Although it appeared that the theater had found different avenues to get through the pandemic, constantly shifting COVID guidelines and monthly losses meant they were dangerously close to losing their physical space. On the verge of permanently closing, Bob Baker Marionette Theater announced a fundraiser in November of 2020, asking their audience to band together and raise the money needed to make the necessary rent. With the help of more than 3,500 donors, they met their goal in a month — effectively raising $365,000 to get them through the rest of the year and 2021. Their network of support seemed stronger than ever.

While the theater had returned to performing sold out shows by the end of 2021, the next challenge was planning this year’s Bob Baker Day carnival. The last in-person celebration of Baker’s birthday had taken place in February of 2020, and the staff remained fearful that their eighth annual event would fail in the face of COVID. However, in a moment of pandemic-era triumph, the turnout was unprecedented. Thousands flocked to Los Angeles State Historic Park. Children and adults alike participated in various activities around the vast outdoor space, where visitors were entertained by performing musicians and puppeteers, and could peruse over thirty-five booths and vendors of all sorts. For those interested in a more hands-on approach, crafts were readily available to spark the imagination further. In true whimsical Bob Baker fashion, the grand finale of the event (which is always completely free, as a thank-you to the public for all their support) was a pie fight. What started as a half-joke between theater staff and Bozo the Clown, transformed into a swarm of people of all ages gleefully shoving shaving cream pies in each other’s faces. “Watching it in person, I was enamored by just how incredibly happy everyone was to be involved in this crazy pie fight hosted by clowns,” Steele says. “It was so ridiculously joyful that I think that is now a Bob Baker Day tradition. Like there’s always gonna be an end-of-the-day pie fight.”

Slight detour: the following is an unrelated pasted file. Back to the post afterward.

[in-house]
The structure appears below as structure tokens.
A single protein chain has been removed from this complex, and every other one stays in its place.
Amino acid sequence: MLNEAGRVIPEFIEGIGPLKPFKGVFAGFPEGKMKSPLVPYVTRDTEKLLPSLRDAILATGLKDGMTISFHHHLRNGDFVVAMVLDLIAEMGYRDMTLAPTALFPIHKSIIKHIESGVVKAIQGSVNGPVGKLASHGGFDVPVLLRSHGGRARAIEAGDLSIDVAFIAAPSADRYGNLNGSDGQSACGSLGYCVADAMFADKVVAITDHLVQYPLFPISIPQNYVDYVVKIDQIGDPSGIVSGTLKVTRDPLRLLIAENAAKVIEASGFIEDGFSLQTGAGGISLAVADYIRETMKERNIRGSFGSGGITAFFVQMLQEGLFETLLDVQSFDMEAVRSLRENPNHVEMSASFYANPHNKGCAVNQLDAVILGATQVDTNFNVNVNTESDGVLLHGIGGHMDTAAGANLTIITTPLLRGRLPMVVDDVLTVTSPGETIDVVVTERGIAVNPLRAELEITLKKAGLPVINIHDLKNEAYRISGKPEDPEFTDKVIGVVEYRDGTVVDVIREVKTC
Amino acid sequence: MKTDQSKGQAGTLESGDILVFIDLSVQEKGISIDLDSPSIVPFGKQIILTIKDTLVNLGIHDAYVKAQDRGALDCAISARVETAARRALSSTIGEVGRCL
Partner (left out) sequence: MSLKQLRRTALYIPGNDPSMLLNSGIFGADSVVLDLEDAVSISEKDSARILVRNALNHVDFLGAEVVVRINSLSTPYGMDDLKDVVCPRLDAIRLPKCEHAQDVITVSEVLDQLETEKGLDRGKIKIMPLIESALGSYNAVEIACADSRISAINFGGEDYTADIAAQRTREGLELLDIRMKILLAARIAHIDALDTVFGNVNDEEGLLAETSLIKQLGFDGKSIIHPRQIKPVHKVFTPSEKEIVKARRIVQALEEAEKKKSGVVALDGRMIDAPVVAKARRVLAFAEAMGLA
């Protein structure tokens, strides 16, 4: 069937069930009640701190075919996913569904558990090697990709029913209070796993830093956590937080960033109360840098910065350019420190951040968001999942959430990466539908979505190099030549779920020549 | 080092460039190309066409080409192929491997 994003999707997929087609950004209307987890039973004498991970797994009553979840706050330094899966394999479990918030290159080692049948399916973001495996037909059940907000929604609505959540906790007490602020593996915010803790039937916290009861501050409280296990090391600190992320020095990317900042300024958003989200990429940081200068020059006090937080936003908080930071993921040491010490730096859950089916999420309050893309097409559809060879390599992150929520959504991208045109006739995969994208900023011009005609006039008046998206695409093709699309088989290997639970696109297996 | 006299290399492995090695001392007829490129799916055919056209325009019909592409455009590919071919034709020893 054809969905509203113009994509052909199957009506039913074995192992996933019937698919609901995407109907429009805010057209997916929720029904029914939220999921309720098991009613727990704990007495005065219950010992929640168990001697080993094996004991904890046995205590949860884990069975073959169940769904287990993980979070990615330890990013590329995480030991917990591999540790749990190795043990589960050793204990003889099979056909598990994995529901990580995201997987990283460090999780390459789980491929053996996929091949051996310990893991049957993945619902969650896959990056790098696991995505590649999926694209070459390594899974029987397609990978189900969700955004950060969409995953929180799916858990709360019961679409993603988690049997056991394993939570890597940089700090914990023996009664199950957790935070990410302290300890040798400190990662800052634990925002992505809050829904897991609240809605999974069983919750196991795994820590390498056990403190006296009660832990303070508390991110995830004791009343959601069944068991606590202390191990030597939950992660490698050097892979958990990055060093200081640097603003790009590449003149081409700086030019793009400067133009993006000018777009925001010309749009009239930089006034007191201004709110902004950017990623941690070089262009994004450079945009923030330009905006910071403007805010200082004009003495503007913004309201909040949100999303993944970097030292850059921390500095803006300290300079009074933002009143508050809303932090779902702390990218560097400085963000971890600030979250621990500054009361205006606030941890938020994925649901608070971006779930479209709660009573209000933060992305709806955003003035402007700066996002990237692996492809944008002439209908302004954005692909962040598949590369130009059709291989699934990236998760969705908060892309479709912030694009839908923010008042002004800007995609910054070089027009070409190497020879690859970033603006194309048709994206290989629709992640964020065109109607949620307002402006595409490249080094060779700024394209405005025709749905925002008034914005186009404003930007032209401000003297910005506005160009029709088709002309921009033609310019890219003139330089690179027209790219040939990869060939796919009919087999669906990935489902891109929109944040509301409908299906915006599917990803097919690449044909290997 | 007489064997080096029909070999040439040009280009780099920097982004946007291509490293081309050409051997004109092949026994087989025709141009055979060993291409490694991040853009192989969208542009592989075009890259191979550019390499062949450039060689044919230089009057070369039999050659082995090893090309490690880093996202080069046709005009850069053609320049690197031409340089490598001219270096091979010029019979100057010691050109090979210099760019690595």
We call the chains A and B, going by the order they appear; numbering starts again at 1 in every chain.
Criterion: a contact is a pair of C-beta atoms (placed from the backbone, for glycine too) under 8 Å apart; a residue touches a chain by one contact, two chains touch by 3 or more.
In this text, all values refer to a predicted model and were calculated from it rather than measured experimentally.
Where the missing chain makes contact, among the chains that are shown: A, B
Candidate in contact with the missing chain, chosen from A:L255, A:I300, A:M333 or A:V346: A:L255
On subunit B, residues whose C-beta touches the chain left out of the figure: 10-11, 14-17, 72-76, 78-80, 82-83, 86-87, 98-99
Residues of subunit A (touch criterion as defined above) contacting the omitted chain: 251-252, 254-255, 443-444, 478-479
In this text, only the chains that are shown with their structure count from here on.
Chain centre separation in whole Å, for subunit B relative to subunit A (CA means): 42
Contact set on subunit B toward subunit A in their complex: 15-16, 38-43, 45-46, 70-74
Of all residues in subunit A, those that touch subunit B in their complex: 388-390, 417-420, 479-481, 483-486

The multitude of smiling faces gathered to celebrate the return of the Marionette Theater is perhaps surprising, given the rarity of puppetry in the current day. Yet the artform’s timeless charm has managed to retain an audience, and its value is evident even to this generation. Bob Baker’s mission to inspire amusement for all ages seems to be more important than ever now; the idea of community togetherness is fundamental to the theater’s continued operation. Pure passion, solidarity, and a willingness to keep imagination alive is what has allowed it to persist for decades. “I’d say all of it is a challenge, but all of it has turned out really well. It’s helped us grow as a company. And we’re in a much more stable place now than we were, you know, five years ago, more than we were two years ago,” Steele says. “At this point, we have figured out so many different ways of entertaining people and bringing joy to people that — like, I’m not asking for another curve ball — but I think if another one was thrown at us, we could figure it out.”

The Bob Baker Marionette Theater’s oldest production, Something To Crow About, is currently running at 4949 York Boulevard in Highland Park through July 3rd. The show is said to be Baker’s masterpiece.

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Briana Gonzalez

Briana Gonzalez is a 22-year-old film and journalism student. In her free time, she runs a zine called Danger Zone.